The International Trademark Association (“INTA”), supporting Katherine Vidal, explained that § 1052 “harmonize[s] trademark law with a person’s right of privacy and publicity,” which the Court has recognized as “substantial government interests.” Brief of Amicus Curiae International Trademark Association (“INTA”), in Support of Petitioner, at 14. In Zacchini v. Scripps-Howard Broad Co., the Court noted that “[s]acrifical days devoted to… creative activities deserve rewards commensurate with the services rendered”––namely, exclusive rights in celebrities’ name, image and likeness. Id. at 18 (quoting Zacchini v. Scripps-Howard Broad Co.). The INTA argues that the same logic animates the names clause. Id. Moreover, the INTA argues that the clause helps prevent “false endorsements” of products and services by preventing unauthorized use of public figures’ names. Id. at 22. INTA expressed concern that a ruling favorable to Elster might injure property rights in identity and personhood, limiting individuals’ abilities to market their endorsements and otherwise retain rights in their celebrity status. Id. at 17–18.

In a brief supporting neither party, the Motion Picture Association, Inc. wrote with concern regarding the decision’s impact on the scope of the “right of publicity”––defined as property rights to exploit an individual’s name, image and likeness. Brief of Amicus Curiae The Motion Picture Association, Inc. (“MPA”), at 2. The MPA identifies the names clause as an important statutory codification of rights to publicity. Id. “In telling stories,” they note, “filmmakers frequently draw upon actual events and people[.]” Id. As a result, MPA members often face “protracted and expensive” litigation over publicity rights in these stories. Id. An expansive First Amendment has often proven crucial to defeating such litigation. Id. at 2–3. While not taking any explicit position as between the parties, the MPA does appear to endorse tighter limitations on the names clause. Id. at 4–5. The MPA asserts that a holding that upholds the clause could mean that “[p]ublic figures effectively would have the power to veto unflattering depictions” of themselves[.]” Id. at 4.


Public Citizen, supporting Vidal, argues that trademark restrictions like the names clause help to facilitate freedom of expression, especially with respect to core political speech. Brief of Amicus Curiae Public Citizen, in Support of Petitioner, at 15. Public Citizen argues that, by definition, when the government grants a trademark, it provides the new owner with a legal right to exclude others from using their registered mark. Id. As such, if Elster’s politically charged phrase were to be registered, the permission would constitute a “government-authorized restraint on other people’s use of that political speech.” Id. at 10. Private Citizen contends that the speech “chilled or suppressed” by this registration is protected by the First Amendment. Id. To that end, Public Citizen argues that disallowing this type of trademark registration is consistent with principles of free expression by allowing political speech to remain in the public domain, accessible to any person, including Elster. Id. at 15. Public Citizen emphasizes that “‘words associated with news events and social movements [and] political phrases,’ are ‘inherently valuable in the marketplace,’” and are not appropriate for trademark protection. Id.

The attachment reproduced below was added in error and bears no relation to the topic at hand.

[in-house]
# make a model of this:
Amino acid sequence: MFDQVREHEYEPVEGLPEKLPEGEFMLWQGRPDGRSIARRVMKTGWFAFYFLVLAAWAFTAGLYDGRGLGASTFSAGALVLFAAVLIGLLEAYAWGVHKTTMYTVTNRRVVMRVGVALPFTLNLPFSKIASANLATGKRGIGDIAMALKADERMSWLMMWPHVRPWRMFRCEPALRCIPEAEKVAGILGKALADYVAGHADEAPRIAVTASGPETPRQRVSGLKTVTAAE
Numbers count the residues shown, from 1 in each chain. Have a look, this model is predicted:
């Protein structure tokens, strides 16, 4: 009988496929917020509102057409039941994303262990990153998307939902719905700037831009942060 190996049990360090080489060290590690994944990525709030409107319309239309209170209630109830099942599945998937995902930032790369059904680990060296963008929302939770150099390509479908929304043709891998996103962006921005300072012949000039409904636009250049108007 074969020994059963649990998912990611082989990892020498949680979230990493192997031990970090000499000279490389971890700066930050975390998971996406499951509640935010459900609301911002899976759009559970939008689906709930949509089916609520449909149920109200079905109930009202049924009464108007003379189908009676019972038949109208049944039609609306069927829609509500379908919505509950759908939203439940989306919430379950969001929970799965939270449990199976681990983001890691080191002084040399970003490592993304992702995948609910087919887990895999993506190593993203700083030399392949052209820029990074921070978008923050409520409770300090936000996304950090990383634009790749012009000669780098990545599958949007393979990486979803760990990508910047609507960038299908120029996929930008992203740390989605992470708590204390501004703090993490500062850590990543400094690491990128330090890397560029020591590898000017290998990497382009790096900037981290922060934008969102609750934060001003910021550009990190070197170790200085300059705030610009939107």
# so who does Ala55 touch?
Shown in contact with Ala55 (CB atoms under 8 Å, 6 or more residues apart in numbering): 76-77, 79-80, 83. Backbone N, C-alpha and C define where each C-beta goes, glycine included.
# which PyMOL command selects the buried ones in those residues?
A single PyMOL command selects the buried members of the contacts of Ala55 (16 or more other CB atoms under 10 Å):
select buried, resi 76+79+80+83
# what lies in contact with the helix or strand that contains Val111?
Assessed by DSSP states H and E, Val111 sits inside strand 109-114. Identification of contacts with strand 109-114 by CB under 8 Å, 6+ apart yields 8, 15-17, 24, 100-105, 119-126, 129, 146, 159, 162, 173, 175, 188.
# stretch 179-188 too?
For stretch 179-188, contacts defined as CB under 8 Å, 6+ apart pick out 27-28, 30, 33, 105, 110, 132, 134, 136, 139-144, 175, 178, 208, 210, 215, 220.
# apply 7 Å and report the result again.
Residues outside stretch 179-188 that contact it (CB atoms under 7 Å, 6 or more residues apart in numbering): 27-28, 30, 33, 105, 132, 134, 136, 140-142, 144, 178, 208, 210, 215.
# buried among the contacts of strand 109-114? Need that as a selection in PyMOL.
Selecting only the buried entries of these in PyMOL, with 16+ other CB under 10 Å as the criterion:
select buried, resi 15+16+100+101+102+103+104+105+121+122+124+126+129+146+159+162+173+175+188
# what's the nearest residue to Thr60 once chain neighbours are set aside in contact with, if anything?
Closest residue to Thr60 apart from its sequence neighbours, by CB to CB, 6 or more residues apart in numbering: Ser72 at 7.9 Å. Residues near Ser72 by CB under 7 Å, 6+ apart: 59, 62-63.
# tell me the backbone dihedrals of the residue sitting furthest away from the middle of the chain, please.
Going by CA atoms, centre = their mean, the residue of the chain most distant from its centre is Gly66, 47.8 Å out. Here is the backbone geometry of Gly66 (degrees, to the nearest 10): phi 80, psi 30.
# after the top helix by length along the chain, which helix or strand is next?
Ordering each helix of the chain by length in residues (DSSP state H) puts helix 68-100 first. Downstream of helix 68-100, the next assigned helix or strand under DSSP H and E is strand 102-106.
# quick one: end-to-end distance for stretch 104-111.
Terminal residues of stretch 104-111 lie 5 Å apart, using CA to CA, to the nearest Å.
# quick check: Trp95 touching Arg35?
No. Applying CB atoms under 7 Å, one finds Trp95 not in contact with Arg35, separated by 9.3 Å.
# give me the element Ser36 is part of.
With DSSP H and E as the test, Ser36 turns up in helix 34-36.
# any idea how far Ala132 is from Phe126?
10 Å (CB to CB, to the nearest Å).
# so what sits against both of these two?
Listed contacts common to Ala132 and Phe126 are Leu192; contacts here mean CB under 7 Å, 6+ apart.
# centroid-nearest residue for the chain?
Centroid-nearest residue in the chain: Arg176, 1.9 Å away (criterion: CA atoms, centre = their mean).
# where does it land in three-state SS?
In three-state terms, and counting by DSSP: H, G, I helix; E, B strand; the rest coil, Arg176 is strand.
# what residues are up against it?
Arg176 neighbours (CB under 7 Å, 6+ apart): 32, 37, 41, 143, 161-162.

Golden State University Professor of Law Samuel Ernst, supporting Elster, asserts that the names clause is plainly unconstitutional. Brief of Amicus Curiae Professor Samuel F. Ernst, in Support of Respondent, at 30. Even applying intermediate scrutiny, Ernst writes, the names clause is blind to First Amendment concerns by “Requir[ing] that the PTO take nothing into account beyond whether the mark identifies a famous person” who has consented to the trademark. Id. at 4. This absolute bar on speech does not accord with the consumer protection or trade regulation functions of the Lanham Act, and merely “burdens free speech in a broad range of contexts even beyond marks that criticize a political figure.” Id. at 5.

The Foundation for Individual Rights and Expression (FIRE) and the Manhattan Institute concurred with, amicus Ernst, arguing that 1052(c) burdens political speech rights. Brief of Amicus Curiae Foundation for Individual Rights and Expression (“FIRE”) et al., in Support of Respondent, at 9–11. Like Elster, FIRE and the Manhattan Institute argue that both in purpose and practice, the restriction functions to protect public officials and figures. Id. at 3–4. Citing the legislative record, the joint brief contends that members of the Congressional subcommittee which passed 1052(c) were concerned with trademarks which might disparage a president’s name. Id. at 15–16. Amici argues that these concerns have operated to protect public officials from any trademarked critiques. Id. at 16. Upholding §1052(c) would provide public figures with the “ultimate heckler’s veto by outsourcing trademark registration to them alone.” Id. The distribution of power under this regime, in the view of FIRE and the Manhattan Institute, imposes a serious cost on free expression without meaningful limiting principles. Id. at 16–17.



Thanks to Sara Fekkak.